After the COP26 document, in Glasgow, Scotland, is approved, it is time for the 196 countries to do their homework: fulfill the agreements, goals and plans, which are binding – a term used to classify the promises that bind and integrate the nations.
“The agreed upon pacts must now be fulfilled. The market can be one of the controllers of this, not only the market but society itself through voting, through protests, through consumption. I believe that more and more, if the agreement is appropriate, it becomes more and more binding”, emphasizes the Global Manager for Climate and Energy Policy at WWF International, Fernanda Carvalho.
This Saturday (13), representatives of nearly 200 are meeting, in a plenary session, to approve parts of the Paris Agreement, which were pending, and the other deliberations of this Climate Conference. Despite the signatures, there is no legal sanction if the binding commitments are not fulfilled in the coming years.
“It’s a big dilemma, but it’s how International Law works, which is based on the principle ‘pacto assunt servanta’, from the Latin, which means that what is agreed must be fulfilled. And the Nordic countries are good examples in fulfilling the pacts, simply because they were agreed. Of course, we would like the Paris Agreement to have a binding penal mechanism that punishes countries that deviate from the target, but the document has a non-punitive nature”, comments Fernanda.
An example of market pressure is the creation of a carbon tax on imported products in the European Community. The carbon boundary adjustment mechanism (CBAM) would be a way to protect the region’s industries from foreign competitors that do not meet the same environmental standards.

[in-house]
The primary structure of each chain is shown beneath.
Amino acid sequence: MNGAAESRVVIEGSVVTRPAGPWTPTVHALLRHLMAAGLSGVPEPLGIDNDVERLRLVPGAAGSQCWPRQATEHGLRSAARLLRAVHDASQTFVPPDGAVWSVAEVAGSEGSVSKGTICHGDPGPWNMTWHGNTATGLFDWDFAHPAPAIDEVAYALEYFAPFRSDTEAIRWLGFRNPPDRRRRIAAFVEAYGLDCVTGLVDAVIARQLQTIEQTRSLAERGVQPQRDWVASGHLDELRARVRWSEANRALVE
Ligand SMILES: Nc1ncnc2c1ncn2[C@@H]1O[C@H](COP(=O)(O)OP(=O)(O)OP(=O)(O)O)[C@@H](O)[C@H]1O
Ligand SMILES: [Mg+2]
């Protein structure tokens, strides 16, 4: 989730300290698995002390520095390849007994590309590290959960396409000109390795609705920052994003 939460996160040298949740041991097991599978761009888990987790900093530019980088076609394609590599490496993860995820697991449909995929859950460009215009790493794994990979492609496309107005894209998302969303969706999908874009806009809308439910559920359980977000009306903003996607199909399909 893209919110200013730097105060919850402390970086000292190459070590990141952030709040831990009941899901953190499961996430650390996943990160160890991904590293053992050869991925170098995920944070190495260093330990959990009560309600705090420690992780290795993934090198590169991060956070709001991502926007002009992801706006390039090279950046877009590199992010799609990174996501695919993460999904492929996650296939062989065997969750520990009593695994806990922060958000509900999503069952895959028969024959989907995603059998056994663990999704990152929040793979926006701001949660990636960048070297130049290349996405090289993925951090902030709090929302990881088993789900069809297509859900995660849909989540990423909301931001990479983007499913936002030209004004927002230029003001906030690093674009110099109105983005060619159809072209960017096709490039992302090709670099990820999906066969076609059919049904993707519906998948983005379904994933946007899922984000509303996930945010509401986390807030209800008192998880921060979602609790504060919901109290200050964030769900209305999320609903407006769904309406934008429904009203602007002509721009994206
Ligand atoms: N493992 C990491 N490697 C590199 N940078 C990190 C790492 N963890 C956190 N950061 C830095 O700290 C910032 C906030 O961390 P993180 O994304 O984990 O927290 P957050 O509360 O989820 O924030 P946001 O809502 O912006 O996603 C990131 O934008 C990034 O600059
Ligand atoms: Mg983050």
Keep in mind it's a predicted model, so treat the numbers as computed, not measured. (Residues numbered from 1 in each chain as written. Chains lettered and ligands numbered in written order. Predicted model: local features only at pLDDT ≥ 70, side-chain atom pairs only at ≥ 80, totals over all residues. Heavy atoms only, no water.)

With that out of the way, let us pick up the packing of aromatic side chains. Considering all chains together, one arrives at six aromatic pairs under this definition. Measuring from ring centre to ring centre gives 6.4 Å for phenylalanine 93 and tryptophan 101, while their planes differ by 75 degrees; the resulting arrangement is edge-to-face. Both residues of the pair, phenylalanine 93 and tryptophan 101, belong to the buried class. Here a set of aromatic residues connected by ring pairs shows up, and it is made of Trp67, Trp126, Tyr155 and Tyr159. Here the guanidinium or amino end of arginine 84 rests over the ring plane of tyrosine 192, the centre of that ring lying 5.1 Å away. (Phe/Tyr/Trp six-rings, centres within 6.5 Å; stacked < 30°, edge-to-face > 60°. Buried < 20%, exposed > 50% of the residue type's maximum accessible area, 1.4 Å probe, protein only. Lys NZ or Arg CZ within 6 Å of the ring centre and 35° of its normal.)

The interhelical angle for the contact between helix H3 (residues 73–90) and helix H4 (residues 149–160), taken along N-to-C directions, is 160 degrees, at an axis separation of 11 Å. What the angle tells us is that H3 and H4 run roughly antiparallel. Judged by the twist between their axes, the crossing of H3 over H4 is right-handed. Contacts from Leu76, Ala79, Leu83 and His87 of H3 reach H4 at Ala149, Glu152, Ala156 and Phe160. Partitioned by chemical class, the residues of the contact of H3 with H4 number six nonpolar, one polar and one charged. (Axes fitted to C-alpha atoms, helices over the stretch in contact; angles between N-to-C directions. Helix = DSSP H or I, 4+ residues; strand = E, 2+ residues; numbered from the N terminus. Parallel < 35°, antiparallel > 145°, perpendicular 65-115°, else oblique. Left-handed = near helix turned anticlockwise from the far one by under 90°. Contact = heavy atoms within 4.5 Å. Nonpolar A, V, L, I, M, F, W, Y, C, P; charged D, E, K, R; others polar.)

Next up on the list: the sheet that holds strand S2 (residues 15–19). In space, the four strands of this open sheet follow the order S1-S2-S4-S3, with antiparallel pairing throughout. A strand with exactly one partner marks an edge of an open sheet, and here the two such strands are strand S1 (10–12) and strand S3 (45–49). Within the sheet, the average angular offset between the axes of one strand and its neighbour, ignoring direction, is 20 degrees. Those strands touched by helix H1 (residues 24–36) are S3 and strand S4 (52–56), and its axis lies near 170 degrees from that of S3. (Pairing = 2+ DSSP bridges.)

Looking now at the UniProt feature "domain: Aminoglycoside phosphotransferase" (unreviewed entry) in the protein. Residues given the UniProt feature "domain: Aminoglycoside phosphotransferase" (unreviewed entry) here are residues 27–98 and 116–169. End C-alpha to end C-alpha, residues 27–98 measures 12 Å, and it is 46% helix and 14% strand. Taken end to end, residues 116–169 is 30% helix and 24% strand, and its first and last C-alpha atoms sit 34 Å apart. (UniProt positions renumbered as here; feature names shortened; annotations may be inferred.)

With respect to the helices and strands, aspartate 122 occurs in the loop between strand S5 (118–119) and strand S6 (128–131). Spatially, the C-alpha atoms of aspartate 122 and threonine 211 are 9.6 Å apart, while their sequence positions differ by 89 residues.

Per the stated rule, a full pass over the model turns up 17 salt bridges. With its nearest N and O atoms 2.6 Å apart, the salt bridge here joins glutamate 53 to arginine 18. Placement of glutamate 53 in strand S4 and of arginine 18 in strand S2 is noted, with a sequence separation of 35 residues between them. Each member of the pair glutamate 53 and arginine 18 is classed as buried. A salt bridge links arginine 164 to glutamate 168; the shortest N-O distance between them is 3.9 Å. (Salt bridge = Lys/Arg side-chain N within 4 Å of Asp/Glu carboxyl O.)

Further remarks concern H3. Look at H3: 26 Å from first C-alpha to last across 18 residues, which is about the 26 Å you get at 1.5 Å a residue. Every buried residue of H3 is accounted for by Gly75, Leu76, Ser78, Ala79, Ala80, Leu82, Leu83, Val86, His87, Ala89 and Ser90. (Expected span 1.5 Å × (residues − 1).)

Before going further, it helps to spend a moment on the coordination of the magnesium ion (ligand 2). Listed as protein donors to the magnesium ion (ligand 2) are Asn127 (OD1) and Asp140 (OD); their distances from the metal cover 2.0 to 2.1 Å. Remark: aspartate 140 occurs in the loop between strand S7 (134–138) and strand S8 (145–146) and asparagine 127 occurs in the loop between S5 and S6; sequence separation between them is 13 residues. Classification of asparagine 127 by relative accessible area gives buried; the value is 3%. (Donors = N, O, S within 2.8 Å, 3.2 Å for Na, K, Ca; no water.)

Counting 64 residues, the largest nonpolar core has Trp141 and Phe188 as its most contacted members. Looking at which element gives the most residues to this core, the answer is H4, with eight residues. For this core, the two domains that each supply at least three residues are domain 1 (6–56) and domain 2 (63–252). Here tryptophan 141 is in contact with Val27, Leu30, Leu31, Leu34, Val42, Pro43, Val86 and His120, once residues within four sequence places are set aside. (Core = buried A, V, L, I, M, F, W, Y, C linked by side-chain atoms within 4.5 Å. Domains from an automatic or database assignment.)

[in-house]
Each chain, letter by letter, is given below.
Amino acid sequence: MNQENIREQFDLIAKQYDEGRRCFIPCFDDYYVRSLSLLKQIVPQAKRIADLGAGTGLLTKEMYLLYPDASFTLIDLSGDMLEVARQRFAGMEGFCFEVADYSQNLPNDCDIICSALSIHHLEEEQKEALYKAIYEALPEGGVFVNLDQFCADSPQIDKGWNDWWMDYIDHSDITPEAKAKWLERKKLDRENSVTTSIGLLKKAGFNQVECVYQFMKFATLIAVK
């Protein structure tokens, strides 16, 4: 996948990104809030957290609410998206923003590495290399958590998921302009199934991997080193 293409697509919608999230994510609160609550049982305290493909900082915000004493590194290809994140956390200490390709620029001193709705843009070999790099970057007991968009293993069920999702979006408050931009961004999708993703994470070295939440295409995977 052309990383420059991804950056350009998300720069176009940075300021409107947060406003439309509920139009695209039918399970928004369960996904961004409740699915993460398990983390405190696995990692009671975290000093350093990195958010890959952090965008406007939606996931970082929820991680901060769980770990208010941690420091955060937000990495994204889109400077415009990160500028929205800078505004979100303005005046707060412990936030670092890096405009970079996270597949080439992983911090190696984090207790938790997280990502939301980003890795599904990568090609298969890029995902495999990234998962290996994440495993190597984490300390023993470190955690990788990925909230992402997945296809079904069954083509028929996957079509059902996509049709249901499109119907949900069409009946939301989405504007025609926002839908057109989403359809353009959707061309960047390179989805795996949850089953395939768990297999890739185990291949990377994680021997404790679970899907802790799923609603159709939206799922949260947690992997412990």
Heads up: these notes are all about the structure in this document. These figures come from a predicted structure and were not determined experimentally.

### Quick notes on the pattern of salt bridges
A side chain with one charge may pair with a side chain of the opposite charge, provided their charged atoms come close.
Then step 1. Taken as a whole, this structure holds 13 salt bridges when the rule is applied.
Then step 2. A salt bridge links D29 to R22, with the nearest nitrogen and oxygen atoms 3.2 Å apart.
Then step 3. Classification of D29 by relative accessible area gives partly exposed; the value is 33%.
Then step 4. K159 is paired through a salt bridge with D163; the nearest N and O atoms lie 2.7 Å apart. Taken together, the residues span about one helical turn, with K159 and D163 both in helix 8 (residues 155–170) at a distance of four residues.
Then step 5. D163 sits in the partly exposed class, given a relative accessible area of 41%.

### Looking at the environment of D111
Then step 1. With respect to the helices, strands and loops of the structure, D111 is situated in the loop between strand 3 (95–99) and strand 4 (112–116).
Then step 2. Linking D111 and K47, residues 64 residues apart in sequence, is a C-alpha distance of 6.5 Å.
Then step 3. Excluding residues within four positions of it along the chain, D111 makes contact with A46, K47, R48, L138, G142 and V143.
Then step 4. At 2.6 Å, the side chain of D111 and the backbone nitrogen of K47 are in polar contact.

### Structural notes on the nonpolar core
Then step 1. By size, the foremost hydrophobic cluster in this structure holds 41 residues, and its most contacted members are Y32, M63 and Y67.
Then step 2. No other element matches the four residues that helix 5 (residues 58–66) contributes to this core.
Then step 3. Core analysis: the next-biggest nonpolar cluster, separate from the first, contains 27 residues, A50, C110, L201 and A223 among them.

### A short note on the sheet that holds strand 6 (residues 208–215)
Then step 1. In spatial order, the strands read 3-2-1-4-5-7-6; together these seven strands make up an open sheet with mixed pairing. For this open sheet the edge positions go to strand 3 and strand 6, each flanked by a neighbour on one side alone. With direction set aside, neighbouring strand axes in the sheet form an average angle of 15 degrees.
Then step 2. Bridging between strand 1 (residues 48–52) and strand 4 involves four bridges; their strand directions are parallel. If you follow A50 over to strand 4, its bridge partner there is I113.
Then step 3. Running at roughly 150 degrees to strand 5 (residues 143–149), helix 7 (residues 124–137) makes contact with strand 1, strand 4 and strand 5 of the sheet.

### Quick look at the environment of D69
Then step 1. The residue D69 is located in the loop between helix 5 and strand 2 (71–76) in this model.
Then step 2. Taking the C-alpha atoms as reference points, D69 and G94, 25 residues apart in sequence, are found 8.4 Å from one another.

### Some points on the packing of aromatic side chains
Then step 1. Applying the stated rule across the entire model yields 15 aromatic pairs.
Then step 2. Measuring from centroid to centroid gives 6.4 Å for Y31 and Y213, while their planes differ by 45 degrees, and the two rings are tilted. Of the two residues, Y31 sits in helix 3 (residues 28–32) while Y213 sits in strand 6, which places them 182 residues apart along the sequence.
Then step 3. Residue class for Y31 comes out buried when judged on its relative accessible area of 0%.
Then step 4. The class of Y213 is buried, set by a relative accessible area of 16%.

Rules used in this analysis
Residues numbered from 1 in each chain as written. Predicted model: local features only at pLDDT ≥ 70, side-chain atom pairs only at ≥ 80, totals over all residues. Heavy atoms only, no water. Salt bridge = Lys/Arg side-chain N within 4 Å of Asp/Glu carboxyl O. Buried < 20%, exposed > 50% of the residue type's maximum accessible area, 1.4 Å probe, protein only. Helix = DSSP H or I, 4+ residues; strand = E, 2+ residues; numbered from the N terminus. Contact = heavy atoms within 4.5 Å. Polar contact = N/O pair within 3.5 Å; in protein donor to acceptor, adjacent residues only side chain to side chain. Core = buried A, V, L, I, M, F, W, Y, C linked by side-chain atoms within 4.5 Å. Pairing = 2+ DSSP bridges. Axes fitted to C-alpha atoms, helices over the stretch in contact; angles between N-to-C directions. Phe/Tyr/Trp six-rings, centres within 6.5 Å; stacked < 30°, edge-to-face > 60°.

One of the goals is to prevent carbon leakage, when the industry transfers its production to countries where carbon is cheaper and, therefore, has competitive advantages in relation to those that pay the price of decarbonization.
It is worth remembering that the countries that signed the Paris Agreement (in 2015 and now regulated in Glasgow) promised to present their Nationally Determined Contributions (NDCs) every five years – which are the climate plans with targets to be followed in this period .
“The goals have to be strengthened. This is what binds countries, countries are committing every five years to increase their climate ambition. This is a binding commitment. There is a committee to deal with these issues of compliance with the agreement or not, but it is not like a court that is going to condemn a country. But we see that more and more lawsuits are taking place at the national level. In Mexico, Greenpeace won a lawsuit and Mexico will have to reformulate its Nationally Determined Contribution (NDC)”, recalled Fernanda.
In addition to the Paris Agreement
Regarding the other promises announced at this COP and which are not part of the Paris Agreement, and consequently are not binding, Fernanda comments that “of course they are positive”.
“These are important commitments such as reducing deforestation by 2030 and reducing methane by 30%, which will mean 0.2 degrees less in temperature. All of this is important and shows that countries are having positive attitudes, but ideally these commitments could be incorporated into Nationally Determined Contributions NDCs), which countries have to submit to the convention every five years. In this case, we would be able to measure, report and verify the real contribution of these commitments within the goals that the countries agreed here (at COP 26) and to maintain the temperature at 1.5 degrees.”
The coordinator of the Climate Observatory’s Greenhouse Gas Emissions and Estimation System, Tasso Azevedo, explains that the peers themselves review the Greenhouse Gas inventories released by each country, that is, nation A audits the inventory of nation B and vice versa. Furthermore, methodologies for accounting for emissions and remissions (how many pollutants are captured) change frequently.
“That’s why they say that Brazil would have carried out a climatic ride. This is because our country carried out two revisions of net greenhouse gas emissions related to the year 2005, the third being lower than the second (2.8 GtCO2e). This latest inventory (2.4 GtCO2e) is the basis for calculating the goals announced at the COP. Because of this, in practice, Brazil’s goals remained the same, despite the government having announced that they increased from 43% to 50% by 2030”, concludes Tasso.
A CNN contacted the press office of the Ministry of the Environment, but so far has not received an answer about the change in the calculation basis for the announced target.
Reference: CNN Brasil